I've read several of the anthologies in this series, and I always really *want* to like them - I like the concept, and I very much appreciate the attitude... but then I seem to never really love the stories. I'm just not a big fan of the tongue-in-cheek humor that the series focuses on.
Lady of Steel - Roger Zelazny. A three-page send up relying on reversing gender stereotypes. It doesn't really give itself time to do much with the idea.
And Ladies of the Club - Elizabeth Moon. When they try to start taxing women warriors on their breastplates, the women decide to use their health insurance to have their breasts magically removed - much to the distress of the menfolk.
Exchange Program - Susan Shwartz. Hilary Clinton is mysteriously zapped into a Wagnerian fantasy land, and teaches the Valkyries to demand their rights.
Goddess for a Day - Harry Turtledove. A Greek peasant girl coerced into masquerading as the goddess Athena receives the approbation of the divine.
Armor-Ella - Holly Lisle. A real-estate centered, money-grubbing prince meets his match in a shrewd and deceptive sword-swinging maid. I liked this one's positive cynicism.
Career Day - Margaret Ball. A world-hopping mercenary gets roped into escorting her daughter's whole class on a trip to see what parents do at work all day...
Armor/Amore - David Vierling. A send-up of "barbarian" tropes. Doesn't do much with it.
The Stone of War and the Nightingale's Egg - Elizabeth Ann Scarborough. "Legend has it that [Sun Tzu] served the Wu dynasty after being challenged by the emperor to make an effective army out of his concubines. Sun-tzu placed the emperor's two favorites at the head of two different files of concubines and when they failed to discipline their charges he cut their heads off despite the protests of the emperor. After that the concubines drilled effectively." This story is based on that legend, except no one gets their head cut off, and it's a warrior concubine doing the drilling...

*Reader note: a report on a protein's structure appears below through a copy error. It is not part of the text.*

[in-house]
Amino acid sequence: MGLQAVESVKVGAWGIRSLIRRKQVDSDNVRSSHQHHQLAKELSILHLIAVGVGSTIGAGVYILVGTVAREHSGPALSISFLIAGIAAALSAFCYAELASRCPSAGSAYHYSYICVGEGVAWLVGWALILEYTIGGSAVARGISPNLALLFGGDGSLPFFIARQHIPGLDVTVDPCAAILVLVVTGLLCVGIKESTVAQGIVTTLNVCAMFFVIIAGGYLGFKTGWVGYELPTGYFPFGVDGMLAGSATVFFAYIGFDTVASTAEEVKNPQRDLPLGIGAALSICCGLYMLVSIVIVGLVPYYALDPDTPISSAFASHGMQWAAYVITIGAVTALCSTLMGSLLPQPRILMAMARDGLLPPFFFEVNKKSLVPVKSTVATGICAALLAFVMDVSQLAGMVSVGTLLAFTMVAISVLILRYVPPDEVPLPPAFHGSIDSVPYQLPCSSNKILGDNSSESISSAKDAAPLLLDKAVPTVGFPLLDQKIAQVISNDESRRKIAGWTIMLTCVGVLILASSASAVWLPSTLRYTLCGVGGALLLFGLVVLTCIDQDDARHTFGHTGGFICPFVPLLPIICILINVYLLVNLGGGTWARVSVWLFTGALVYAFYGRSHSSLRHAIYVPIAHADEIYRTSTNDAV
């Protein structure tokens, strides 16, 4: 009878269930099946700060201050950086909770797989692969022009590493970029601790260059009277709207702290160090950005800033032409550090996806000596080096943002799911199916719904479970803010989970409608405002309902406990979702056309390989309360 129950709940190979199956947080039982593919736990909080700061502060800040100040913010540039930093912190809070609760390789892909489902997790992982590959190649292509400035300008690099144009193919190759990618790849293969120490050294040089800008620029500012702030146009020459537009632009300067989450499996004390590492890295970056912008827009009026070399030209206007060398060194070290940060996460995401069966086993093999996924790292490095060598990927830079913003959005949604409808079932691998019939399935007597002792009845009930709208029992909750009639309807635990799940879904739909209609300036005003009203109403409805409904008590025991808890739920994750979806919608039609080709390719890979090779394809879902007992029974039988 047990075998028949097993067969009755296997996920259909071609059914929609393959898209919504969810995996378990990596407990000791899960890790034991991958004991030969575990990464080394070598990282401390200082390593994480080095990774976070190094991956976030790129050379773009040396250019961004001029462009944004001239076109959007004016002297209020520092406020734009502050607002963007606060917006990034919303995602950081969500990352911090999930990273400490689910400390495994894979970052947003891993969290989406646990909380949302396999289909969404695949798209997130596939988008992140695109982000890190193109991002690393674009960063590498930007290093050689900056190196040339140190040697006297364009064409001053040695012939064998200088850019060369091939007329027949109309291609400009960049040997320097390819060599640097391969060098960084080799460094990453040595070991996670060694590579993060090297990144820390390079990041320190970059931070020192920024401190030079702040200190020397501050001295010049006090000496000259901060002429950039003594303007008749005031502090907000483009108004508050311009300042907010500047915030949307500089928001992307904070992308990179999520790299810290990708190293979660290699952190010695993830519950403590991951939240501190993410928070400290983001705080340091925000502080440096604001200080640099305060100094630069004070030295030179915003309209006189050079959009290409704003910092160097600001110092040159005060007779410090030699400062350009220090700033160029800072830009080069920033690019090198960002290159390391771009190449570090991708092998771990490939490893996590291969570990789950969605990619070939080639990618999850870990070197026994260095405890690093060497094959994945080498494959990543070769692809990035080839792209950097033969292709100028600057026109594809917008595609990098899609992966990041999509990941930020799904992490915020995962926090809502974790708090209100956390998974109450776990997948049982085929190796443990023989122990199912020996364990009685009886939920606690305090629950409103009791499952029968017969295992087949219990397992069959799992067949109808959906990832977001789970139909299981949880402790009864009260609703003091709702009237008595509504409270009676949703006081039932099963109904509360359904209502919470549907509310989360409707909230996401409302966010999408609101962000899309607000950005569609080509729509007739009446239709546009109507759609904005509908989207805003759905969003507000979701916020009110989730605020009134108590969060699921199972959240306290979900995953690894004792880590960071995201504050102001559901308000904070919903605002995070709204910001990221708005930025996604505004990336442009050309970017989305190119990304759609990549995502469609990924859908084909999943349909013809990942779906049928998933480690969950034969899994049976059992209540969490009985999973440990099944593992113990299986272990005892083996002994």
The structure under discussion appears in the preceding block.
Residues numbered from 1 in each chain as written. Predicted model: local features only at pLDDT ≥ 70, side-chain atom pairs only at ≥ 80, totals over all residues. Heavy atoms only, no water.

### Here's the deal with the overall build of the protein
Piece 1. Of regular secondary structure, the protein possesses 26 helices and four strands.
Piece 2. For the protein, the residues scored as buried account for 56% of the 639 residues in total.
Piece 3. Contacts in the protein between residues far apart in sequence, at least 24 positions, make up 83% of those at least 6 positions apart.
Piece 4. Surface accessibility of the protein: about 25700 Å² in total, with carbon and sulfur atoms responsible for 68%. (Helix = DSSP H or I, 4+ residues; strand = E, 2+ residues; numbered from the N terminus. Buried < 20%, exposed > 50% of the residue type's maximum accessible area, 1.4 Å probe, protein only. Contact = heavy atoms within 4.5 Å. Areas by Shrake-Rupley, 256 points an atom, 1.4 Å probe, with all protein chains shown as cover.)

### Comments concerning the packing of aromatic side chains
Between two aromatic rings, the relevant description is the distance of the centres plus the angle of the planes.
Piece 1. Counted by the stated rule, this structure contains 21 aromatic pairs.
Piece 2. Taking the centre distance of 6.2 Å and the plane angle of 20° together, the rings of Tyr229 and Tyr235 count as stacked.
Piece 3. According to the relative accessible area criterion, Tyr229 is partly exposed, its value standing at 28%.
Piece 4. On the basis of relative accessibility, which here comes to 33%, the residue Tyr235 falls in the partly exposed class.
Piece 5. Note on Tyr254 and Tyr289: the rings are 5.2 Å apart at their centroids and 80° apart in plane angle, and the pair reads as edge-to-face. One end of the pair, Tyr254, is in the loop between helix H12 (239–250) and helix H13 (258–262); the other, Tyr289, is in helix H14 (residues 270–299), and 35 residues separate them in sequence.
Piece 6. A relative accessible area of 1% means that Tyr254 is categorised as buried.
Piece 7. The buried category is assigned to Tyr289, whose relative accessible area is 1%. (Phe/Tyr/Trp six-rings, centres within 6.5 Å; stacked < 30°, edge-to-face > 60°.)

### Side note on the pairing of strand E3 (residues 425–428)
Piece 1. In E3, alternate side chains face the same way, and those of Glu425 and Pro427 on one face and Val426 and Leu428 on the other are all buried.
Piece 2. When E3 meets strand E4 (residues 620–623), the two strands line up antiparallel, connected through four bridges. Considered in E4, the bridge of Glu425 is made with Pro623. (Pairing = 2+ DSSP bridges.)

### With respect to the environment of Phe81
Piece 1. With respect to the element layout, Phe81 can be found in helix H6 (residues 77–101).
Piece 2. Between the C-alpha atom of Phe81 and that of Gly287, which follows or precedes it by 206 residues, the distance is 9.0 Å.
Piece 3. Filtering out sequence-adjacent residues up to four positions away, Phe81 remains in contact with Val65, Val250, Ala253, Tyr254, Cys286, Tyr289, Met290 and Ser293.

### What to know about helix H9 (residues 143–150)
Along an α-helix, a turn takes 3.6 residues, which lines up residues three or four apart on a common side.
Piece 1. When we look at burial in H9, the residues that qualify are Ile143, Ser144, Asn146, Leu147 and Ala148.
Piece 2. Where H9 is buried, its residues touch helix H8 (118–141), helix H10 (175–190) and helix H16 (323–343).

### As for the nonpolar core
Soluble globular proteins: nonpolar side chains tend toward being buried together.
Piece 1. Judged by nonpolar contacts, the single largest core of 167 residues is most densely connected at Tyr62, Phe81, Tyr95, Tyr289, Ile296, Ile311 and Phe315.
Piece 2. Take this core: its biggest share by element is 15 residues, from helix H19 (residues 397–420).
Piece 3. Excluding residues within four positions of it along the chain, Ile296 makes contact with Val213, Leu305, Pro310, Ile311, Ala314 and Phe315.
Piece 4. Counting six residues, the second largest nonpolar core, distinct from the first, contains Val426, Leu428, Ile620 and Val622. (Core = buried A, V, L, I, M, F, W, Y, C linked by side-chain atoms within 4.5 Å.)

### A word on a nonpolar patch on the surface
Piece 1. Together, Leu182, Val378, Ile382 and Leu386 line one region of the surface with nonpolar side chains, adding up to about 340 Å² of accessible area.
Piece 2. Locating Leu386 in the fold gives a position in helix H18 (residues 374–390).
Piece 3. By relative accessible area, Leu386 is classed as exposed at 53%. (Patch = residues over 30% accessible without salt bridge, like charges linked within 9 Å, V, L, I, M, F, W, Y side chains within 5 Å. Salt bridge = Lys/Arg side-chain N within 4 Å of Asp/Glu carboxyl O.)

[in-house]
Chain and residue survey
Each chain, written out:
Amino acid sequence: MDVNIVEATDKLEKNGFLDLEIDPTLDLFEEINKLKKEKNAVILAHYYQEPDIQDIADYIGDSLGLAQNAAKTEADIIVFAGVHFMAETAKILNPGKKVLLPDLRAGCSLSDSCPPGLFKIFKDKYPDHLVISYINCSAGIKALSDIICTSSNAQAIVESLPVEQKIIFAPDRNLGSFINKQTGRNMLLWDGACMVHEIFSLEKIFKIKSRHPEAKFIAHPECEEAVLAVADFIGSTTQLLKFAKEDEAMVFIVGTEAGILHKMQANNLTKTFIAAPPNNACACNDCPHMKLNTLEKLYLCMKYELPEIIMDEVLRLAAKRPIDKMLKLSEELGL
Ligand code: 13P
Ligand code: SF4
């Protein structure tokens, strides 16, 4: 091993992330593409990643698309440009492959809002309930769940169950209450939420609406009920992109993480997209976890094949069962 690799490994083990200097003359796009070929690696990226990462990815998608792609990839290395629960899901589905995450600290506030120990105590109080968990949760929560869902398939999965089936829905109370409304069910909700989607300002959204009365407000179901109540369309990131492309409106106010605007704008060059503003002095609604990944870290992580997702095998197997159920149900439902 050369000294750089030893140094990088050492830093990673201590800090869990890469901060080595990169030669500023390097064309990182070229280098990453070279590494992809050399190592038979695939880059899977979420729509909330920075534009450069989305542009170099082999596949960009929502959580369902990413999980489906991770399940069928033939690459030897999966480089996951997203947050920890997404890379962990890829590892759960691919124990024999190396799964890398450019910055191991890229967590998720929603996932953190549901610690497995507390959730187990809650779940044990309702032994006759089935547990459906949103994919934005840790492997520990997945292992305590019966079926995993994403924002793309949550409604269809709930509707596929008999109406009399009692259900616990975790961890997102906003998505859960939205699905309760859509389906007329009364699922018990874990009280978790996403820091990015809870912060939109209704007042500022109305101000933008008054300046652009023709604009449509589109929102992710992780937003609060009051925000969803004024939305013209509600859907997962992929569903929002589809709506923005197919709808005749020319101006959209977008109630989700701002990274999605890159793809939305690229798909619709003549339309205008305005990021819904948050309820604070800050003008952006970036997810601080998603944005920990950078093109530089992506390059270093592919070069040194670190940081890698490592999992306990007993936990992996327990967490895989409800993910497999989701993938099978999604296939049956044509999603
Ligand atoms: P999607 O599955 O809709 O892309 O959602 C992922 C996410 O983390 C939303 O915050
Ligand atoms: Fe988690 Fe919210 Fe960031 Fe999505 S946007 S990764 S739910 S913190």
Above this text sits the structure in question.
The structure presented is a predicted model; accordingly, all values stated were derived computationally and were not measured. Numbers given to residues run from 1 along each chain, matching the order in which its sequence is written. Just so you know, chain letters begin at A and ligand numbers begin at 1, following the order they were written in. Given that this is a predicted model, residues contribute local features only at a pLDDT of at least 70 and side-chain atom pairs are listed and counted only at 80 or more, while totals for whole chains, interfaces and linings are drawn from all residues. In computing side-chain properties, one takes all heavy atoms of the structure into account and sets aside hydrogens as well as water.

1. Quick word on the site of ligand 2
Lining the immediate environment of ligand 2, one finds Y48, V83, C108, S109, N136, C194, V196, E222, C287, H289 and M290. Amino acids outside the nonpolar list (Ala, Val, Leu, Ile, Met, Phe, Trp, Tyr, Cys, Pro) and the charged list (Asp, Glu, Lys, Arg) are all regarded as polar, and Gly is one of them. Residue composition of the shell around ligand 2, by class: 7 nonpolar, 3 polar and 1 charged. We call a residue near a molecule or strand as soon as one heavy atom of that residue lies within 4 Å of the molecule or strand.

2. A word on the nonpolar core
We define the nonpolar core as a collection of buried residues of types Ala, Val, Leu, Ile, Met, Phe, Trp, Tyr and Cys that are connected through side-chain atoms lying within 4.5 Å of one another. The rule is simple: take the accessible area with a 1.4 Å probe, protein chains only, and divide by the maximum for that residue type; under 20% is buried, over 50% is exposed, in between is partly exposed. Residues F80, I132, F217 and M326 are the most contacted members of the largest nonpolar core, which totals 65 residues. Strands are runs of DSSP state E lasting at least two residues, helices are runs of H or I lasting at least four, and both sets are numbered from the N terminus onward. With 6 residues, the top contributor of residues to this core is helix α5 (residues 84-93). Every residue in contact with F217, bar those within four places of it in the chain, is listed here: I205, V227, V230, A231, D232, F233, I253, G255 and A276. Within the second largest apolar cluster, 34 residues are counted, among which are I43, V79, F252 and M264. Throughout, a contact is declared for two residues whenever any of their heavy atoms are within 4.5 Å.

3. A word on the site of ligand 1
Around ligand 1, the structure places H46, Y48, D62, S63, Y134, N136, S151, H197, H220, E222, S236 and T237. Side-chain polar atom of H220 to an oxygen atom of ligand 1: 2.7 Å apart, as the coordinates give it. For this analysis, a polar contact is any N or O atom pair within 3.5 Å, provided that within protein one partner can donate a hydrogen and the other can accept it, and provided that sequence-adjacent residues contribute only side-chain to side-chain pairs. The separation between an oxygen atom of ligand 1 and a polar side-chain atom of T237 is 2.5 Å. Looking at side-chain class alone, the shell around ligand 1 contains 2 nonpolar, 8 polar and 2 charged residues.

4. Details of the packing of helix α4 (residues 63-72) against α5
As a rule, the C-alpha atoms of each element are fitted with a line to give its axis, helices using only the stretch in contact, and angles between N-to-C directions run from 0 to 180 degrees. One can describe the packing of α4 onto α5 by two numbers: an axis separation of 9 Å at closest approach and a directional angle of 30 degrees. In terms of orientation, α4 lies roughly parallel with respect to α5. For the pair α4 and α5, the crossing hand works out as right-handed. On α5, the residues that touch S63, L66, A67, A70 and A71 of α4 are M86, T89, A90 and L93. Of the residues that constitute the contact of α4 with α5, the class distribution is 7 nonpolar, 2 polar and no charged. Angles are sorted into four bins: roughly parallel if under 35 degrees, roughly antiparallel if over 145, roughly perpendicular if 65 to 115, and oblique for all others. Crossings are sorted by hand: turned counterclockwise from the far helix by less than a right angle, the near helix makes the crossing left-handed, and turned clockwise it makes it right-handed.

The Growling - Jody Lynn Nye. A very annoying story based on the idea that women who are menstruating are short-tempered. You can send up stereotypes in a funny way, but this just contributes to a false generalization.
The New Britomart - eluki bes shahar. A faux-tourney, put on my some 19th-century-esque aristocrats, becomes the occasion for quite a lot of planning and magical scheming on the parts of several young people. Reminded me a bit of Gordon Dickson.
On the Road of Silver - Mark Bourne. A dedicated but elderly educator about to have her job taken away and her programs replaced with Lazer Light Shows, finds inspiration in her past lives as a warrior woman.
Bra Melting - Janni Lee Simner. A female blacksmith & warrior, tired of having to wear impractical armor, decides to turn the tables on male warriors with an ingenious idea.
The Old Grind - Laura Frankos. A young giantess, eager to see the world, joins a human army.
The Way to a Man's Heart - Esther Friesner. When young women wish to catch a princely husband, and princes are gaga for swordswomen, schools to train young ladies in the martial arts may - or may not - be the answer.
Whoops! - Nancy Springer. A deceased prudish spinster is assigned to be the Guardian Angel of a painfully timid woman. They might actually be good for each other.
The Guardswoman - Lawrence Watt-Evans. The only female member of the City Guard figures out a way to be one of the crew - even on their off-duty trips to the brothels.
Teacher's Pet - Josepha Sherman. A warrior woman and a travelling tutor are thrown together unexpectedly by a shape-shifting spell gone wrong.
Were-Wench - Jan Stirling. A cold and aloof warrior woman is cursed to become a horny wench at the full moon.
Blood Calls to Blood - Elisabeth Waters. The drama of mixed familes with issues to deal with are complicated when there's faerie blood involved.
Maureen Birnbaum in the MUD - George Alec Effinger. A ditzy and make-up obsessed woman tells her friend a far-fetched tale that clearly seems to be based on a video game, not reality. But was it actually true? (Probably the best story in this book.)
I've read several of the anthologies in this series, and I always really *want* to like them - I like the concept, and I very much appreciate the attitude... but then I seem to never really love the stories.